IDENTIFICATION OF FUTURE EMERGING TECHNOLOGIES IN THE OCEAN ENERGY SECTOR
Part 5 - Moorings & Foundations
The penultimate section in our review of the European Commission's workshop on future emerging technologies in the ocean energy sector (link). All ocean energy systems need something to react the loads experienced by the device against. Some devices are rigidly mounted to the seabed, for example a horizontal axis turbine on a tripod, a seabed mounted oscillating surge converter or an oscillating water column. Other devices are floating and rely on mooring lines for station keeping. Either way these foundations face their own challenges in the loads they experience and how they affect the performance of the energy system. Unfortunately, the lessons learned from other offshore platforms (oil and gas for example) are not always transferable to marine energy devices as those platforms are designed for more benign, deeper seas and are not reacting loads and extracting power.
Many floating tidal, wind and wave devices use a system of mooring lines (akin to the accompanying figure, or the Orbital Marine tidal turbine) for station keeping. However, these mooring lines also react the loads from the device and thereby have an effect upon performance, which makes effective design more challenging.
The variety in sites; water depth, wave loading, device type, means of reaction, seabed conditions, space envelope, all contribute to an almost unique mooring design for each new site and device. Some will favour catenary moorings or tension moorings, but almost universally they will be required to prevent snatch loading and allow the device to change heading according to the conditions.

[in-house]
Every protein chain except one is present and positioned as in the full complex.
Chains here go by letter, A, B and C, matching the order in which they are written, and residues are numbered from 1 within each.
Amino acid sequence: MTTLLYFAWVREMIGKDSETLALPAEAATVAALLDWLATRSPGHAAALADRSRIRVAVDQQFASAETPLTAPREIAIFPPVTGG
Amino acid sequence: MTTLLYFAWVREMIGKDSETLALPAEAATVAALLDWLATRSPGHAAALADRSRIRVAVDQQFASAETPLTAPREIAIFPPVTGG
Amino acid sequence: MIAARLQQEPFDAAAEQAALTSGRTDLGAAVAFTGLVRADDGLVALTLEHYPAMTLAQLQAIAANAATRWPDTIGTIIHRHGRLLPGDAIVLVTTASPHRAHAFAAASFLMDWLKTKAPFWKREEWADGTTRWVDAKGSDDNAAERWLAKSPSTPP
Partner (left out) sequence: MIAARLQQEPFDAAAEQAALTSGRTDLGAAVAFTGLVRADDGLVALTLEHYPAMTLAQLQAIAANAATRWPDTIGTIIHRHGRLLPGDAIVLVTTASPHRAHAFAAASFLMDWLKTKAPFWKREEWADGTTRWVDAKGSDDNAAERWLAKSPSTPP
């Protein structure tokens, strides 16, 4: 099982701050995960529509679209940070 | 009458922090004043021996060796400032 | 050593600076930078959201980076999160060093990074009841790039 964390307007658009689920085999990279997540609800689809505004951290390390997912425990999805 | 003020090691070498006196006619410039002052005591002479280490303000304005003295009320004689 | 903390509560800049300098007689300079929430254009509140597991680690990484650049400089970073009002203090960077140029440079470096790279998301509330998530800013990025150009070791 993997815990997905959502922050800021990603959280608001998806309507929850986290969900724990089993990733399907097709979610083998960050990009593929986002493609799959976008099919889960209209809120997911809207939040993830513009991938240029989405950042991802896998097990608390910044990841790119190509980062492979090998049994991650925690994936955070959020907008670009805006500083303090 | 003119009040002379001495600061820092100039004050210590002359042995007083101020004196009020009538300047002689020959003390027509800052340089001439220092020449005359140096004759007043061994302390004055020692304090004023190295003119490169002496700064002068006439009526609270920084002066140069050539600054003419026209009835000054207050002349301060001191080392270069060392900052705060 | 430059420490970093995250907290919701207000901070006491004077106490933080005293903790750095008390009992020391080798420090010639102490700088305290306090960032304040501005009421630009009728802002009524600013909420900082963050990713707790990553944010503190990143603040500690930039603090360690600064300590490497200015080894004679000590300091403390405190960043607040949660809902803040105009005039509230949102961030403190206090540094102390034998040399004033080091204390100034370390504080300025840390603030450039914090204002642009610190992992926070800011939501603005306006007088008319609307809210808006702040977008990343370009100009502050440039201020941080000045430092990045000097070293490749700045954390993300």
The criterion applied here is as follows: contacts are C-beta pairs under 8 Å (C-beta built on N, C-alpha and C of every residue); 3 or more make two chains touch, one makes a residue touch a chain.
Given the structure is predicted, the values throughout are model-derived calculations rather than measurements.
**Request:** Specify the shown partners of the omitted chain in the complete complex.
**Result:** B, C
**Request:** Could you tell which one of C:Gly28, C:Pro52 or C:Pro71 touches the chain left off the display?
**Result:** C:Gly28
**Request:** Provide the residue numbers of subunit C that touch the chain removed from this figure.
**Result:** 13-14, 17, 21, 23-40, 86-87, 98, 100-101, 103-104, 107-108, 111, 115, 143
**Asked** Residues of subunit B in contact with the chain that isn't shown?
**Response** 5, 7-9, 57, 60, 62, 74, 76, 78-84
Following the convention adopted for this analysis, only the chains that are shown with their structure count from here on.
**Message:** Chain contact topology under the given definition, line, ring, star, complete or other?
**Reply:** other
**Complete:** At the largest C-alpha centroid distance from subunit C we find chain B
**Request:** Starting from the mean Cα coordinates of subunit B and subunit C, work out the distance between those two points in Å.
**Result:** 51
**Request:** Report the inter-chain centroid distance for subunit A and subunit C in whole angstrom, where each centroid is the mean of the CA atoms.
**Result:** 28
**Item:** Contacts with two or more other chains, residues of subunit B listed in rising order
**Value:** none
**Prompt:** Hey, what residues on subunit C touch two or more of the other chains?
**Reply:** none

Rigid seabed foundations need to directly react the loads from the device and the extreme loads on these structures can be many times greater than the mean loads. This results in design for an unlikely extreme load event that may never be seen, so there is material in that structure that is unused.
Fixed foundations also face the challenge of being subsea for 20+ years during which time significant material can be lost to biofouling and corrosion. Appropriate design for the marine environment using coatings, materials and anodes is integral to the success of these foundations.
A point affecting both fixed foundations and mooring systems is the need for an involved marine operation to install them. Heavy fixed structures may require expensive vessels to lift, lower and install. Moorings and often foundations require a subsea drilling operation to locate the anchor points as drag embedded anchors are not always suitable in the near shore zone.
Present projects focus largely on mooring systems and, in particular, reducing snatch loading and footprint of the mooring spread for more compact arrays.